Tips to Travel with Your Pets

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Air travel for pets and emotional support animals has grown in recent years. In fact, according to a study by AAA and the Best Western International, over 50% of U.S pet owners take their cats and dogs with them when traveling. As a result, carriers are tightening their restrictions to avoid danger and discomfort for human and nonhuman fliers alike. 

Traveling with pets can make a vacation more fun for you and your family if you approach it carefully. Below, you will find some tips to make any trip with your pet safe and enjoyable. 

Be attentive to how your Pet feels before the Trip

If you’re taking a pet on a trip, pay attention to how they react to being in a new environment and having new experiences. Watch your pet – ensure they perceive the journey as a pleasant event as some pets tend to run away from their owners when they experience a “shocking” event in the course of a trip. 

Also, get specifics on travel requirements of various countries for traveling with pets. According to experts suggest on ThePets you may need medicines, special vaccines, import permits, health certificates, and procedures that may vary depending on the country you’re traveling to. 

Keep Dogs away from Windows

A dog sticking its head outside the windows during a trip may look cool, just like in the movies, but it is a reckless thing to do. No matter the distance you’re traveling with your dog, they should never be allowed to stick their heads out the window. Not only can litter and debris whack the dog with their heads out the window, but it could also place their respiratory system at risk, especially if the weather is chilly. 

Invest in a Comfortable Pet Harness

@mrzivica / Freepik

Restraining your pet might seem like some form of torture, but in fact, it’s the safe thing to do, especially if you have a large dog breed. You should look to get comfortable one, and that can be connected directly to the existing seat belt. 

It’s possible your pet might complain a bit, but in the course of the trip, they’d get used to it and stay put. Some pets might be a bit rogue and insist on their freedom, but as a pet owner, their safety and your safety must take precedence. You could also consider getting harnesses that come with bed-like boxes, especially if you’re traveling with a small or mid-sized pup.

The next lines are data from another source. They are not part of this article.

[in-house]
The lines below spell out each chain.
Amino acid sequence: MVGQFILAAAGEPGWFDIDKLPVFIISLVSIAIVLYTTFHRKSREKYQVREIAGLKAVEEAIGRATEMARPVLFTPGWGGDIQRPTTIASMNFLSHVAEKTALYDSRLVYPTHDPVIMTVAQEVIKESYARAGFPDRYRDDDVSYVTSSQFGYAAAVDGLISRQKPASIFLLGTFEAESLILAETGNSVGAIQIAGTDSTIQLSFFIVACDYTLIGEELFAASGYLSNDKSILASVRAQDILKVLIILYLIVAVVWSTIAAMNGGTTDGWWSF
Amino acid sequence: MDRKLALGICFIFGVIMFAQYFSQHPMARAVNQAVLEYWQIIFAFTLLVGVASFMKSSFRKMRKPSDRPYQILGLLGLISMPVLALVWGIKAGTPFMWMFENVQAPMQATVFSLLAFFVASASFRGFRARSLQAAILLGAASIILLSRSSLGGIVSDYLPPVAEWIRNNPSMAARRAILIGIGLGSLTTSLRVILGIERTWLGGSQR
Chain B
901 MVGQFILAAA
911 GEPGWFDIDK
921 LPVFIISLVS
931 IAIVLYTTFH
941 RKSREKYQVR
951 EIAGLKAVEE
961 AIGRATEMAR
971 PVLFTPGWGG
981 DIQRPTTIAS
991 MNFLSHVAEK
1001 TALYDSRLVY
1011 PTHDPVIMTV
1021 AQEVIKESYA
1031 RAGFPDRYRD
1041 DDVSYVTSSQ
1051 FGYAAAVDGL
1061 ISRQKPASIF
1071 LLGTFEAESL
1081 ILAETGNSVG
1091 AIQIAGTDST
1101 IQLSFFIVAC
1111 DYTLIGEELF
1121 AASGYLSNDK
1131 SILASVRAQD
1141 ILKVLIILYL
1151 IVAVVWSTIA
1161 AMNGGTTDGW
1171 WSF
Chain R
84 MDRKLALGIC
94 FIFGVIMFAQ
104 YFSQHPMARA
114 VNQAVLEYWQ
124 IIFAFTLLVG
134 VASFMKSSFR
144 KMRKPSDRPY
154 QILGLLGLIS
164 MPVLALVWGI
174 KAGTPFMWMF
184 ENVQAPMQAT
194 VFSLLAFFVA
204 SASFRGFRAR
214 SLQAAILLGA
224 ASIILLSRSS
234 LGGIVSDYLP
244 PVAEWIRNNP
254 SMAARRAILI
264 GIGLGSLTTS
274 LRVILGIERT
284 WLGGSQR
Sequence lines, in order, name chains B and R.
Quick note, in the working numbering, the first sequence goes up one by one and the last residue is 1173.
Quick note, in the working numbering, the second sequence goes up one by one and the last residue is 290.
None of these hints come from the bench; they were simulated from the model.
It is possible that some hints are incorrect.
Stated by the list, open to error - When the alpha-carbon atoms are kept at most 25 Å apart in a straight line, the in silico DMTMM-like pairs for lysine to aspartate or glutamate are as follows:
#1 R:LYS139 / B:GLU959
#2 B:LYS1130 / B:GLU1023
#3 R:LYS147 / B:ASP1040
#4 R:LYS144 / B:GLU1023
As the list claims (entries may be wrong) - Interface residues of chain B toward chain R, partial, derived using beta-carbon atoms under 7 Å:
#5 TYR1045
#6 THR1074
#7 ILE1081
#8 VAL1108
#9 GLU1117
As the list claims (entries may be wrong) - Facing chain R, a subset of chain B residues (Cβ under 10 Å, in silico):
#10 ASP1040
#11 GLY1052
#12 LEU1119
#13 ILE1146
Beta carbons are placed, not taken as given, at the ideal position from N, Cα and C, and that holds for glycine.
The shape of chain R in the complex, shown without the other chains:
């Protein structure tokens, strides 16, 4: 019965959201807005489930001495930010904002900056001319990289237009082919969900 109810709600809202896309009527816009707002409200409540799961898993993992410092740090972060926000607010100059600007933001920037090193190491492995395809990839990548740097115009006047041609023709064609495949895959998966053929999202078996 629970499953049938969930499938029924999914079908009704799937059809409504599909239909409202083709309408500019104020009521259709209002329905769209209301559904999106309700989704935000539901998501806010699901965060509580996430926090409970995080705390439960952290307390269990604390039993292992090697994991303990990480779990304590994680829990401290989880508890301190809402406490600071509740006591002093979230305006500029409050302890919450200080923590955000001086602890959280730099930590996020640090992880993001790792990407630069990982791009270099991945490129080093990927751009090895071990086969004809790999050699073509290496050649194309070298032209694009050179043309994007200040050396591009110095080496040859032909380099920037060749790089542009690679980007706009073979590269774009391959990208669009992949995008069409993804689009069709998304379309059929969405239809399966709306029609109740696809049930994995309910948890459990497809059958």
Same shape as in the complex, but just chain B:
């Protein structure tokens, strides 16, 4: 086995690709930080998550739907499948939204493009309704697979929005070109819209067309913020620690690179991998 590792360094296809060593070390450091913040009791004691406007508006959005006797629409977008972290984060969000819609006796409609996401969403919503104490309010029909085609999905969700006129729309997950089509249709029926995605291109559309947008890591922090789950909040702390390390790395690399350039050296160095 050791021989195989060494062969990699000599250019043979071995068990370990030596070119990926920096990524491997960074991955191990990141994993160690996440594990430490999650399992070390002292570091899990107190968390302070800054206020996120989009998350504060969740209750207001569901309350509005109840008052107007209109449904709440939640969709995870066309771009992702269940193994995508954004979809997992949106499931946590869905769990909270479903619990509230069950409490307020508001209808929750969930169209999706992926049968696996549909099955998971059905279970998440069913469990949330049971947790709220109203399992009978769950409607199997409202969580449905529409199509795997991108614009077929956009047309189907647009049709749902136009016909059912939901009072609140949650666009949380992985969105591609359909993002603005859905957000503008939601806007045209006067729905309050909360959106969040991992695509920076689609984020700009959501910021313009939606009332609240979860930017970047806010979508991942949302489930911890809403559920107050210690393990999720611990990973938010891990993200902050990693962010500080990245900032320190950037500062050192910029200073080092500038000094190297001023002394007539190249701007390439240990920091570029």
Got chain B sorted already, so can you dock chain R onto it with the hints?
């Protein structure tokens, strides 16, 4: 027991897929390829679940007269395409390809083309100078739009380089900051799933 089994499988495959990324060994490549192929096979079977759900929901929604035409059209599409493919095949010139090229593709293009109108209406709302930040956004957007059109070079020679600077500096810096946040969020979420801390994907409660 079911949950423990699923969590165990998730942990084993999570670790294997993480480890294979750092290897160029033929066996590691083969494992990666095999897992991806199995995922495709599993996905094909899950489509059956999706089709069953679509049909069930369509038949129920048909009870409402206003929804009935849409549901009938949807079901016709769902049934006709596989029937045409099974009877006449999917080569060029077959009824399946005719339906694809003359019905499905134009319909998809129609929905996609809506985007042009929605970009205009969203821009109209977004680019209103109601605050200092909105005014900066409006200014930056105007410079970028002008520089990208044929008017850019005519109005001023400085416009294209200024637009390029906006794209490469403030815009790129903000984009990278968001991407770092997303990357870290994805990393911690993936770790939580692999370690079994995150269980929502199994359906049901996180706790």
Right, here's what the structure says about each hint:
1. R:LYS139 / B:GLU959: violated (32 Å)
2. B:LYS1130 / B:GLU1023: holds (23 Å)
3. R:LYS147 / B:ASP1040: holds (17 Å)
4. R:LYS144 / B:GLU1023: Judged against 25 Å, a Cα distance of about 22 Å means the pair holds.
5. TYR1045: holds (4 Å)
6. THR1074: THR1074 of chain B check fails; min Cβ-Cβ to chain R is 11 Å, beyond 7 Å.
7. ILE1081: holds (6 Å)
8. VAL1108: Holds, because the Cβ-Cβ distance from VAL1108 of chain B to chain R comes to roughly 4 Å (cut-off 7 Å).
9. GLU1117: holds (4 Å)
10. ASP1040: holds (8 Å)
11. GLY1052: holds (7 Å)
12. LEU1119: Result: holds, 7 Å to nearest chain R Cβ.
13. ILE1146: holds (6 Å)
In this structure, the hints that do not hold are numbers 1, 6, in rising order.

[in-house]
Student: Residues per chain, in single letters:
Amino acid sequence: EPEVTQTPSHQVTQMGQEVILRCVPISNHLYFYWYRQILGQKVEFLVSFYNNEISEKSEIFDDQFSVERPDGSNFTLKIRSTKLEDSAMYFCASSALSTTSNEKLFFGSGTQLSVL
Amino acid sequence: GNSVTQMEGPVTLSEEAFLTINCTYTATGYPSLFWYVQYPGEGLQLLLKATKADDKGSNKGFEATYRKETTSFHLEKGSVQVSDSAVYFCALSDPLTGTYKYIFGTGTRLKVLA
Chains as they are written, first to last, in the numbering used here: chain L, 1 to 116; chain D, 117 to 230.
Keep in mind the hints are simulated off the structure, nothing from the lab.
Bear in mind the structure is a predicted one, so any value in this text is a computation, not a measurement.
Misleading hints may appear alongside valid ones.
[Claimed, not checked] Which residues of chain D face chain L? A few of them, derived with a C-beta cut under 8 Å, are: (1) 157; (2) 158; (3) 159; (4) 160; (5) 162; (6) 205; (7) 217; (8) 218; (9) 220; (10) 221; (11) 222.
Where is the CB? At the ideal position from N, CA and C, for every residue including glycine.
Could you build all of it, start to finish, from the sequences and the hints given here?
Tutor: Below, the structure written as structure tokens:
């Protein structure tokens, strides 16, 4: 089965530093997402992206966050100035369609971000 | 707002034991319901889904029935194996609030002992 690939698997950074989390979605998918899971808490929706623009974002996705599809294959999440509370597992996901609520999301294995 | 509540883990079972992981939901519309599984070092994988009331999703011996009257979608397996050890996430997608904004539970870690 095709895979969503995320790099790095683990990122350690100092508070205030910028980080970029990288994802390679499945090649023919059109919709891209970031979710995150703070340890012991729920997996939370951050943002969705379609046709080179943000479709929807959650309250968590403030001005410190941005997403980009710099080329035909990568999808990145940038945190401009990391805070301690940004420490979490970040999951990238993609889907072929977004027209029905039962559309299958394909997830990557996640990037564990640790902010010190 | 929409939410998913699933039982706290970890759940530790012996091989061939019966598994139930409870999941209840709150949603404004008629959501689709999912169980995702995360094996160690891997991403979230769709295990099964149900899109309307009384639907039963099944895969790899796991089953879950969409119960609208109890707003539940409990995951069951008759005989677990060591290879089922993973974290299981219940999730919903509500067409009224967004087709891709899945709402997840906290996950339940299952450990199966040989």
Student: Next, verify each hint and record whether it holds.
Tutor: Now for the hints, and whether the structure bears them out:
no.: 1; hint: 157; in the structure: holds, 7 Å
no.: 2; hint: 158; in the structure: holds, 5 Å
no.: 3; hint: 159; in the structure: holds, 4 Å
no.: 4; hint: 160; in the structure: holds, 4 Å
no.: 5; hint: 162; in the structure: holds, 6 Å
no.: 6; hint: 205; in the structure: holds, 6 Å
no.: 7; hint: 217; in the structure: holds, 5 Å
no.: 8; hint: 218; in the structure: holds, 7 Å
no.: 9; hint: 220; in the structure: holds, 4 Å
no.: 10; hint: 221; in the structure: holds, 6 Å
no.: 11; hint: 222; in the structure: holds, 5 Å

Preparing to Ride

Like learning to sit, frisbee, rollover, or blaze, a pet can be taught to ride on land, air, or water. Experts suggest starting the process by getting the pet used to the transport they will be traveling in. You can do this by allowing them to see it from afar and up-close and letting them sniff about and adjust to the new surroundings. You can even associate the experience with a treat, so they consider it brings fond memories to them when actually traveling. 

@wsanter / Unsplash

You can also take the pet a long or short trip and make a stop where loves to play. This way, they come to associate particular kinds of trips with fun and treats. If the only experience on a car is to the vet’s office, don’t be surprised when they give you some flack when you try taking them along for a long trip. 

ID your Pet Properly

Never travel with pets unless they have some form of identification on them. You could include tags on their collars or some form of a microchip implanted containing up-to-date information about you, the owner, or GPS tracking. Pets are prone to take flight when they experience new things, and you don’t want your pet running off without hope of tracking them when they do. In conclusion, having a relaxed attitude is key to making the most of your trip, traveling alone, or with your four-legged companion. By following the simple rules above and taking the necessary documentation, you can be sure your trip would be pleasant and exciting. 

 
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